"Both agencies will leverage their expertise and synergize activities involving agricultural and energy related plants and microbes," said Dr. Ari Patrinos, associate director of science for biological and environmental research with the Energy Department. ...
The new partnership of the Energy and Agriculture Departments to undertake biotech development is part of a broad push by the federal government and private industry to move the country away from a petrolem based economy. ...
“Biotechnology is creating a new industrial revolution based on biology instead of petroleum. As biotech processes replace old rust belt technologies, they are enabling a transformation from a petroleum-based economy to a biobased economy,” said Brent Erickson, executive vice
president of BIO’s Industrial and Environmental Section.
(17 Jan 2006)
As the above article points out, using human or near-human quality food sources as feedstock for biodiesel is grotesque. Organic liquid fuels can be made from woody cellulose which has a much higher EROEI; than annual food crops and can grow on less arable land. Soybean production is one of the destructive agricultural practices on the planet, and transgenic varieties of plants often are more productive only in ideal conditions, demanding higher inputs of petro-chemicals. Whether biotech can actually improve the EROEI of agriculture remains to be seen. We're going to need help from every worthwhile technology available to deal with energy descent, but a combination of more biodiversity, more perennials and intelligent design in agriculture seems to be a more promising approach -AF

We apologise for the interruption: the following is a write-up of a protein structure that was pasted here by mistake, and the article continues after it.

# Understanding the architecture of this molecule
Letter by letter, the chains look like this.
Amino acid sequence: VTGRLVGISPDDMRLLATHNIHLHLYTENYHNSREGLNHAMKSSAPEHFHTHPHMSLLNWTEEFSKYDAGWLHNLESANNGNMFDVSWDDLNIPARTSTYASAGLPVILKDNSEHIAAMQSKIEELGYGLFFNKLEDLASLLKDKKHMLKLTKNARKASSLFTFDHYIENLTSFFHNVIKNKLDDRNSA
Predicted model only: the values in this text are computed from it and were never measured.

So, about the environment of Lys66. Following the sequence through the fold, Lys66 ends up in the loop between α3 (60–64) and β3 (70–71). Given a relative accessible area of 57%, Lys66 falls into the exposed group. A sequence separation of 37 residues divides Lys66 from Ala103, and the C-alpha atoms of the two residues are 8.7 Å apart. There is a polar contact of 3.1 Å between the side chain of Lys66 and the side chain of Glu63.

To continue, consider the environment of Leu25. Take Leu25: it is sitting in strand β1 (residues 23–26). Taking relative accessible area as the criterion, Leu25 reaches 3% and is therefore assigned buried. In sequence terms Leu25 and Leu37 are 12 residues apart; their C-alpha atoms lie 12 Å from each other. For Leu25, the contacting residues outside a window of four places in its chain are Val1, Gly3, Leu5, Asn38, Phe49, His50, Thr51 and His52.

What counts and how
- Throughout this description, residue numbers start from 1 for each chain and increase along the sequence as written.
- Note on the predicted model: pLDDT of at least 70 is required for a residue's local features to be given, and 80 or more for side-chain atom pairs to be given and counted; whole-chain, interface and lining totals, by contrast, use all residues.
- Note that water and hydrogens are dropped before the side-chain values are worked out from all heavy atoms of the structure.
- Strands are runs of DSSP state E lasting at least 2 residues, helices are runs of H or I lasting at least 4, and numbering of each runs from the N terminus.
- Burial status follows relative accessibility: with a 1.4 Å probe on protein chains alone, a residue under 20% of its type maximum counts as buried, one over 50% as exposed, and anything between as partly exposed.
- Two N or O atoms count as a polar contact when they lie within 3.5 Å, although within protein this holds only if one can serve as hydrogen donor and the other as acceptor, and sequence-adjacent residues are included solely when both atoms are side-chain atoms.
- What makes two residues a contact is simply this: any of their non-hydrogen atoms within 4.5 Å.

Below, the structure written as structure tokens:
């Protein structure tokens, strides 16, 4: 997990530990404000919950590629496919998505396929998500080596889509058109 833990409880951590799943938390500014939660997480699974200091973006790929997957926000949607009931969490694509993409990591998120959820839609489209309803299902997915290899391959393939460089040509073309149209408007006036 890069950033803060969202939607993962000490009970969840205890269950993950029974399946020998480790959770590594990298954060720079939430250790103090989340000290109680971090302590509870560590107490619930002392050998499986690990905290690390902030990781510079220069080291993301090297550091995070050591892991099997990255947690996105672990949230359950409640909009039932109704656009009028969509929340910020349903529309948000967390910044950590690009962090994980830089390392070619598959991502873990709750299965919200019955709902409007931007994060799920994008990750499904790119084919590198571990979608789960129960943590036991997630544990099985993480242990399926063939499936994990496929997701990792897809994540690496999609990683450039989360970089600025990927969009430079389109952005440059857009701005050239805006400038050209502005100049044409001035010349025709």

Waste incineration 'set to rise' in UK
Ministers are preparing to back a large increase in the amount of rubbish that is incinerated instead of being buried, according to documents seen by the BBC. An environment department paper, to be published next month, suggests the proportion of burned waste could rise from 9% to 25% in the next 15 years. It urges making "energy from waste", a process in which incinerators are used to power electricity generation plants.
Friends of the Earth labelled as "myth" claims refuse can provide green energy.
(17 January 2006)
Community members speak out on oil shale
Donna Gray, Post Independent (US)
RIFLE - A public meeting hosted by the Bureau of Land Management Wednesday drew about 100 people who wanted to know more about the agency's environmental impact study, which analyzed the potential impacts of commercial oil shale leasing.
People expressed concern about air and water quality, the problems that could come with thousands of workers moving into the county and the potential addition of coal-fired power plants to heat the shale. ...
This week, the BLM announced its selection of eight companies which have applied for research and development leases in the three states. Eight were chosen, and six of them applied to lease 160-acre tracts in southern Rio Blanco County, about 25 to 30 miles southwest of Meeker.
Those companies will also be given an preferential right to expand their leases to 4,960-acre commercial leases. Congress mandated commercialization of oil shale, as well as tar sands in northeastern Utah, when it passed the Energy Policy Act this year. The act calls for commercial leasing by 2008. ...
(19 January 2006)